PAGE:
19 P a g e Program Characteristics Respondents were asked if their BEd program was integrated/concurrent with their undergraduate degree or if it was consecutive in nature (education courses were taken after they had obtained their first degree). When describing their program, 88% of graduates say it was consecutive in nature, while the remaining 12% indicated their program was integrated or concurrent. Graduates from Université Sainte-Anne (51%) are far more likely to have had an integrated/concurrent program than graduates from Acadia (4%), MSVU (7%), and Saint Francis Xavier (11%). This is mainly because the other schools offer concurrent programs only in limited situations. 5.1 Undergraduate Degrees The majority of graduates surveyed (65%) completed a Bachelor of Arts degree as their undergraduate degree, followed by 19% who completed a Bachelor of Science degree. Table 9: Undergraduate degrees held by Bachelor of Education graduates Degree n = 326 Bachelor of Arts 66% Bachelor of Science 19% Bachelor of Fine Arts / Music 5% Master s degree 3% Other 17% * Multiple responses allowed Table 10: Undergraduate institution, by university attended for BEd program Institution Attended for BEd Program Undergraduate Institution Total n = 326 Acadia n = 113 MSVU n = 98 St.FX n = 72 USA n = 43 Acadia 16% 36% 7% 4% 5% Mount Saint Vincent 15% 12% 29% 6% 5% Dalhousie 13% 13% 18% 7% 7% Saint Mary s 12% 10% 20% 10% - Saint Francis Xavier 11% 9% 3% 31% - Université Saint-Anne 9% % Cape Breton University 6% 1% 2% 25% - Mount Allison University 5% 9% 3% 4% - University of King s College 2% 1% 2% 3% - Memorial University 1% - 2% 3% - Other 12% 11% 16% 8% 19%
20 P a g e 15 Table 10 shows the correlation between where respondents received their undergraduate degrees and which university they attended for their BEd program. In each instance, respondents who completed their undergraduate program at a university offering the BEd program were more likely to attend that university s BEd program than any other BEd program in Nova Scotia. 5.2 Teaching Level and Course Endorsement Respondents were almost evenly divided between elementary and secondary school levels of endorsation, with 46% of respondents endorsed at the elementary level and 45% endorsed at the secondary level. Nine percent (9%) indicated they were endorsed at both elementary and secondary levels Elementary level Students can specialize in four areas at the elementary level: French, physical education, visual arts, and music. Of those endorsed to teach at the elementary level (n = 180), 47% indicated they have a specialization, most commonly in French (31%). This includes French first language, French immersion, and core French. Additionally, 12% are endorsed in physical education, 11% in visual arts, and 6% in music. Figure 2: Elementary specialized endorsements (n = 180) French 31% Physical Education Visual Arts 12% 11% Music 6% No Specializations 53% 0% 10% 20% 30% 40% 50% 60% Secondary level endorsation Social studies (60%) and English (44%) were reported as the most common secondary level teachables among respondents, with French (27%), mathematics (22%), and science (21%) also reported by 20% or more respondents. Table 11 outlines the first, second, and third teachables held by respondents endorsed at the secondary level (n = 177). A graduate must have 30 credit hours for a first teachable and 18 credit hours for a second or third teachable.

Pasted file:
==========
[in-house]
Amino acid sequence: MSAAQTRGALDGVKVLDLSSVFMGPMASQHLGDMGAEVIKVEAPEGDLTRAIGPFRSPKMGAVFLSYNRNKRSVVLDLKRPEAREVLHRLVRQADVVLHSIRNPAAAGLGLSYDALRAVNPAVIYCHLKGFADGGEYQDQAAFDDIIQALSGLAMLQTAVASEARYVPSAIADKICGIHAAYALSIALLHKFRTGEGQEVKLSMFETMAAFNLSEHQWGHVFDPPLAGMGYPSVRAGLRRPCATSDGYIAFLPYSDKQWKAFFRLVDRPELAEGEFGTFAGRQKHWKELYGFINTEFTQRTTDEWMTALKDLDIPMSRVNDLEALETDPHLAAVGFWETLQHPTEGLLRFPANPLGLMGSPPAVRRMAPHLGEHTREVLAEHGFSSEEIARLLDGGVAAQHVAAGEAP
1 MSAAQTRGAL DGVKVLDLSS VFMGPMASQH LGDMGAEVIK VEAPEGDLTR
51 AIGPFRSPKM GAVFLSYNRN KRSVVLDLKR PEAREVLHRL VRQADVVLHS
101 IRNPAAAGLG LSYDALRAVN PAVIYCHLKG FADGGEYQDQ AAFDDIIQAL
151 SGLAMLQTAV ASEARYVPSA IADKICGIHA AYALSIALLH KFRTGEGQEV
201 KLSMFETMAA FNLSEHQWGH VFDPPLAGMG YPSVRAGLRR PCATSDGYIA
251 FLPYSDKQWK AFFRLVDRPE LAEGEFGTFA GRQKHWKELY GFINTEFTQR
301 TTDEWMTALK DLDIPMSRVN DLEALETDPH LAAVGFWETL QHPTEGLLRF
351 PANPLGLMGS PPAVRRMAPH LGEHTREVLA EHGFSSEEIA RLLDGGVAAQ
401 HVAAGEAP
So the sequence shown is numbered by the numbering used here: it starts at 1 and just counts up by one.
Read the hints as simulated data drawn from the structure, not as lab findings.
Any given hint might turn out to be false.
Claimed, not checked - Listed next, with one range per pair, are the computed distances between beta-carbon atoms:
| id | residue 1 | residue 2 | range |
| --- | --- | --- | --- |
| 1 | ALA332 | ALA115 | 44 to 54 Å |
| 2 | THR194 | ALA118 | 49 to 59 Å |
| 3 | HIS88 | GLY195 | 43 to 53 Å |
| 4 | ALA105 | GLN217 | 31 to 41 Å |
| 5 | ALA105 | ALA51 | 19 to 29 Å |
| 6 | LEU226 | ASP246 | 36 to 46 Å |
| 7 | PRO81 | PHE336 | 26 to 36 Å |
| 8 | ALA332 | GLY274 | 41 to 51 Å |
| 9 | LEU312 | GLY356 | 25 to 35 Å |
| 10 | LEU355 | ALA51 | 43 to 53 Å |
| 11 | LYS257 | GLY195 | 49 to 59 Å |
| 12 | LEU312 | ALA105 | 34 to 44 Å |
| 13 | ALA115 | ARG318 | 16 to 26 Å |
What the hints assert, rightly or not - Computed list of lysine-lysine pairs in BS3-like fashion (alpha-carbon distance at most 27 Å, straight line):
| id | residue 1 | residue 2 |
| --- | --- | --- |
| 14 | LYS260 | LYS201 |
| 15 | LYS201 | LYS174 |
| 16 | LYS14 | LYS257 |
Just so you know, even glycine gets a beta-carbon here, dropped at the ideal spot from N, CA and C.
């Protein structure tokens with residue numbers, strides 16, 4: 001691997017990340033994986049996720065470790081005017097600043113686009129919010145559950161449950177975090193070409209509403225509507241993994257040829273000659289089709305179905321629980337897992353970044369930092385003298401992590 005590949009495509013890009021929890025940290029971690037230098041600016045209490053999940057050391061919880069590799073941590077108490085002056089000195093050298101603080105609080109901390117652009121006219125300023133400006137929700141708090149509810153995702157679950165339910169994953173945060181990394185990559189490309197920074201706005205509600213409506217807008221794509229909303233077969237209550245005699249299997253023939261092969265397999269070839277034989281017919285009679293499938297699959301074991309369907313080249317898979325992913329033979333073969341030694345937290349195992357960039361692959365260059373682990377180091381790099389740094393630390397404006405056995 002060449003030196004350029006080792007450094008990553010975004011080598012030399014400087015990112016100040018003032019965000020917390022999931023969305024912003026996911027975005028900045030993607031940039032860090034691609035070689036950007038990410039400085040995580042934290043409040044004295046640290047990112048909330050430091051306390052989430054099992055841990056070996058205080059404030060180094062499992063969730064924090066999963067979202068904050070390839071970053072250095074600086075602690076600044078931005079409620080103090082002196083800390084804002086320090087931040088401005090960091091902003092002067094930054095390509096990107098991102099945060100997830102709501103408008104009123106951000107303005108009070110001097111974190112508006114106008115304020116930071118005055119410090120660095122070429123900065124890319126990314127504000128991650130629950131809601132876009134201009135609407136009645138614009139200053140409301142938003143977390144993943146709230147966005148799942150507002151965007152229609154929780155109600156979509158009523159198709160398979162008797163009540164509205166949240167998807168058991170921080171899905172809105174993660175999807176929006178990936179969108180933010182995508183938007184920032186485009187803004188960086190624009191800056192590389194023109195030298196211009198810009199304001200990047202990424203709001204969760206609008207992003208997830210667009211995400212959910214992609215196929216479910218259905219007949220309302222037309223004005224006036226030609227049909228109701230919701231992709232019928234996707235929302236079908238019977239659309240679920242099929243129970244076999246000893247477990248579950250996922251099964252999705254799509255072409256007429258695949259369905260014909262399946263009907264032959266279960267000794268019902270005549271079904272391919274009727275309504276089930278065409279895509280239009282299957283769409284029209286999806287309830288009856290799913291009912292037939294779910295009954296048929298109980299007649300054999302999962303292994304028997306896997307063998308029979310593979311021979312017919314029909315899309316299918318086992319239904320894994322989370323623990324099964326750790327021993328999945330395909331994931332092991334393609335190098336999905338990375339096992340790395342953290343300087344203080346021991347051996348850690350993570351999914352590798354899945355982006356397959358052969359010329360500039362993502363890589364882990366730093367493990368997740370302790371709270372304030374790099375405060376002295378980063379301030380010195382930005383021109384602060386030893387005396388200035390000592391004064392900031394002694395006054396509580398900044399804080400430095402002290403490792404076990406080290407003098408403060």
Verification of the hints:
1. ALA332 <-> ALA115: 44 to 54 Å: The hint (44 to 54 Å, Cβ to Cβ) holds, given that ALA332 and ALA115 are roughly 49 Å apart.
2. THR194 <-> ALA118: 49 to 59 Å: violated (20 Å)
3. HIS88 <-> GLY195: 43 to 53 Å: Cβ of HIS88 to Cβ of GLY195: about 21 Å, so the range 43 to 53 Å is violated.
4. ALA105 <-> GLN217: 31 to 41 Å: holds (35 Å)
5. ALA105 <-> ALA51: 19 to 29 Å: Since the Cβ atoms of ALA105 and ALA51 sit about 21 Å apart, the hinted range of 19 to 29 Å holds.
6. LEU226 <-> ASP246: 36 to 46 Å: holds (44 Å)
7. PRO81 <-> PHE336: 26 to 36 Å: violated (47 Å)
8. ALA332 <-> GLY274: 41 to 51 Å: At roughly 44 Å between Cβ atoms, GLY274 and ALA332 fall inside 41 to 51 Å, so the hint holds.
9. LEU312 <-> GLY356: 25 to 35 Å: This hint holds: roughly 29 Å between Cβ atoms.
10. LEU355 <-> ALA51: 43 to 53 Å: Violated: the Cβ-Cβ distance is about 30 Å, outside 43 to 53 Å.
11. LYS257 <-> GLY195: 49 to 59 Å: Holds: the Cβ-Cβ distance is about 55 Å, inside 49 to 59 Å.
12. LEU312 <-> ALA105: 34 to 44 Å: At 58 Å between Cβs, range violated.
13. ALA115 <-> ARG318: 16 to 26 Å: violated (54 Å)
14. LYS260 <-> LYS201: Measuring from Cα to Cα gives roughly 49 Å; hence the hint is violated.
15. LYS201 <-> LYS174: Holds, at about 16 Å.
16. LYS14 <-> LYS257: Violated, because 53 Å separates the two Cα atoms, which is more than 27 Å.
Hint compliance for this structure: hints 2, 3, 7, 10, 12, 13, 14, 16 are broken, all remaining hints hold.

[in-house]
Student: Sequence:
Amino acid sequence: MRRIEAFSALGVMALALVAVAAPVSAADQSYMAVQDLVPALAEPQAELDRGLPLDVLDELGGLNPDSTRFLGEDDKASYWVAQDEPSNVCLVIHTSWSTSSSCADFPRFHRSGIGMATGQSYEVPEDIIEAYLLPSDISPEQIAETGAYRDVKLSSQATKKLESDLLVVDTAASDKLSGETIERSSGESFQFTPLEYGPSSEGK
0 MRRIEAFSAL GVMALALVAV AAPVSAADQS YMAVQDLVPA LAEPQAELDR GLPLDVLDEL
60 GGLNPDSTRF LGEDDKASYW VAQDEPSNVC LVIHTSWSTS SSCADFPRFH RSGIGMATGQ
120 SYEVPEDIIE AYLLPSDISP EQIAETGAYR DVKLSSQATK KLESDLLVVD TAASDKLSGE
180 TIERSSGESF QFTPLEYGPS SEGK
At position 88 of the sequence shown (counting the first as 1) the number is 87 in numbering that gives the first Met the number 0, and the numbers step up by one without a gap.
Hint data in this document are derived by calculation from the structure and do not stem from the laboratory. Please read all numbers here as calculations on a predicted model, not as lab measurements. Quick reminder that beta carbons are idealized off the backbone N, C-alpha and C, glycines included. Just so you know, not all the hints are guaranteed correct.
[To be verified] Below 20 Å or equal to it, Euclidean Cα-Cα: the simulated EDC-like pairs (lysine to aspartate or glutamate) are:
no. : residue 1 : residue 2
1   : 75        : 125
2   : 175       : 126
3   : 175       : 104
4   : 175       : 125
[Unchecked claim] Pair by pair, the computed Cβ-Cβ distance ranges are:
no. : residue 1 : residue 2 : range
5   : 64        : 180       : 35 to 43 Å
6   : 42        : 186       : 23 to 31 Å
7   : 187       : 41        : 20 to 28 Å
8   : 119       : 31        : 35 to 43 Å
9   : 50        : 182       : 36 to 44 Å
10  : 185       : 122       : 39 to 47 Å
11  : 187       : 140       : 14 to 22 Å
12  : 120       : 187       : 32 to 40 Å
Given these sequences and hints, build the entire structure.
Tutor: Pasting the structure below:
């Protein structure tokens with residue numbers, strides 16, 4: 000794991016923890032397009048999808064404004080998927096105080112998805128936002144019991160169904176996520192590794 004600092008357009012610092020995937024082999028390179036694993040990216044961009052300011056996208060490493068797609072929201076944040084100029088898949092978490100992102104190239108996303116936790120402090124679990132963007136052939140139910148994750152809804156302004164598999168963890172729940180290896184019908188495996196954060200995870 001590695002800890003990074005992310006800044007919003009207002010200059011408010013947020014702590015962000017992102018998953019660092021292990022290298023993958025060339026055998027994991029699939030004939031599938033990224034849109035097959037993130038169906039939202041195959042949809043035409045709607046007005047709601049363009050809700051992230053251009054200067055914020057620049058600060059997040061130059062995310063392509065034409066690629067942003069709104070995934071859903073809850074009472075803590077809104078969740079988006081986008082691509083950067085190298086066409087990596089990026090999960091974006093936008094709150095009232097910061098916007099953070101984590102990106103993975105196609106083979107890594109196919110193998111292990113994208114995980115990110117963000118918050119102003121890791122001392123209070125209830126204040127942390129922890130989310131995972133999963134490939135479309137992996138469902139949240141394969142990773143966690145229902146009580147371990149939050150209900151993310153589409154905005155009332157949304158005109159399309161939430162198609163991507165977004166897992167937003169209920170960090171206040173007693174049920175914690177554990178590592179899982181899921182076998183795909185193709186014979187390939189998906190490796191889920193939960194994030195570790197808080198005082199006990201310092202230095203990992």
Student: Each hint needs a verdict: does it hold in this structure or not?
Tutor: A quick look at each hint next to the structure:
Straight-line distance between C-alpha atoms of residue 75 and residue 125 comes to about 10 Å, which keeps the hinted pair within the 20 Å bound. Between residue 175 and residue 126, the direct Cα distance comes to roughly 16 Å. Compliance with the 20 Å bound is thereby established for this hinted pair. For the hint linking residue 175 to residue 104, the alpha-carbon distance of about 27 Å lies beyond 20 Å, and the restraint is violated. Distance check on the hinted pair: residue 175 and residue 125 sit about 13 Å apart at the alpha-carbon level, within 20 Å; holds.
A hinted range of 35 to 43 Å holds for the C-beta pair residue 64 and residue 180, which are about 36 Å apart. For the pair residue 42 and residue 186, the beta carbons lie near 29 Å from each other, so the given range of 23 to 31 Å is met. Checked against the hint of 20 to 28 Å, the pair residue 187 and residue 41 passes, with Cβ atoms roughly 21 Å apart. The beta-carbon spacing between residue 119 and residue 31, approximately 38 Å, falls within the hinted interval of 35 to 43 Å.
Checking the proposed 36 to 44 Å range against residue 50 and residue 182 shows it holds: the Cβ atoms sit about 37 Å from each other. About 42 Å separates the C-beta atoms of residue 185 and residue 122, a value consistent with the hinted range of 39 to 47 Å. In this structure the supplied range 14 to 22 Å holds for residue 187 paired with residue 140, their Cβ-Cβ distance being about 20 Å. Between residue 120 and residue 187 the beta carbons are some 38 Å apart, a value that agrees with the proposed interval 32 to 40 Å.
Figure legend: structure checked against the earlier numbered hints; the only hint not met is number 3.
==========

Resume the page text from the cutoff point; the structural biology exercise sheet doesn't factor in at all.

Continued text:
21 P a g e 16 Over half (52%) of those who have a teachable in social studies (n = 105) also have a teachable in English. Similarly, over half (52%) of those who have a teachable in French (n = 48), also have a teachable in social studies. Slightly less than half (44%) of those with mathematics as a teachable (n = 38) say they have science as a teachable as well. Table 11: Secondary level first, second, and third teachables Subjects First n = 177 Second n = 177 Third n = 177 Total n = 177 Social Studies 23% 35% 2% 60% English 20% 22% 2% 44% French 15% 11% 1% 27% Mathematics 9% 11% 2% 22% Science 11% 8% 2% 21% Physical Education 6% 1% 1% 8% Biology 5% 1% 1% 7% Arts Education 4% 1% 2% 7% Chemistry - 2% 2% 4% Physics 2% 1% - 3% Business Education 1% 2% - 3% Technology Education 1% 1% 1% 3% Family Studies 1% - - 1% Music 1% - 1% History 1% - - 1% Social Science 1% - - 1% Languages - - 1% 1% Other 3% 2% 2% - No Teachable - 4% 80% -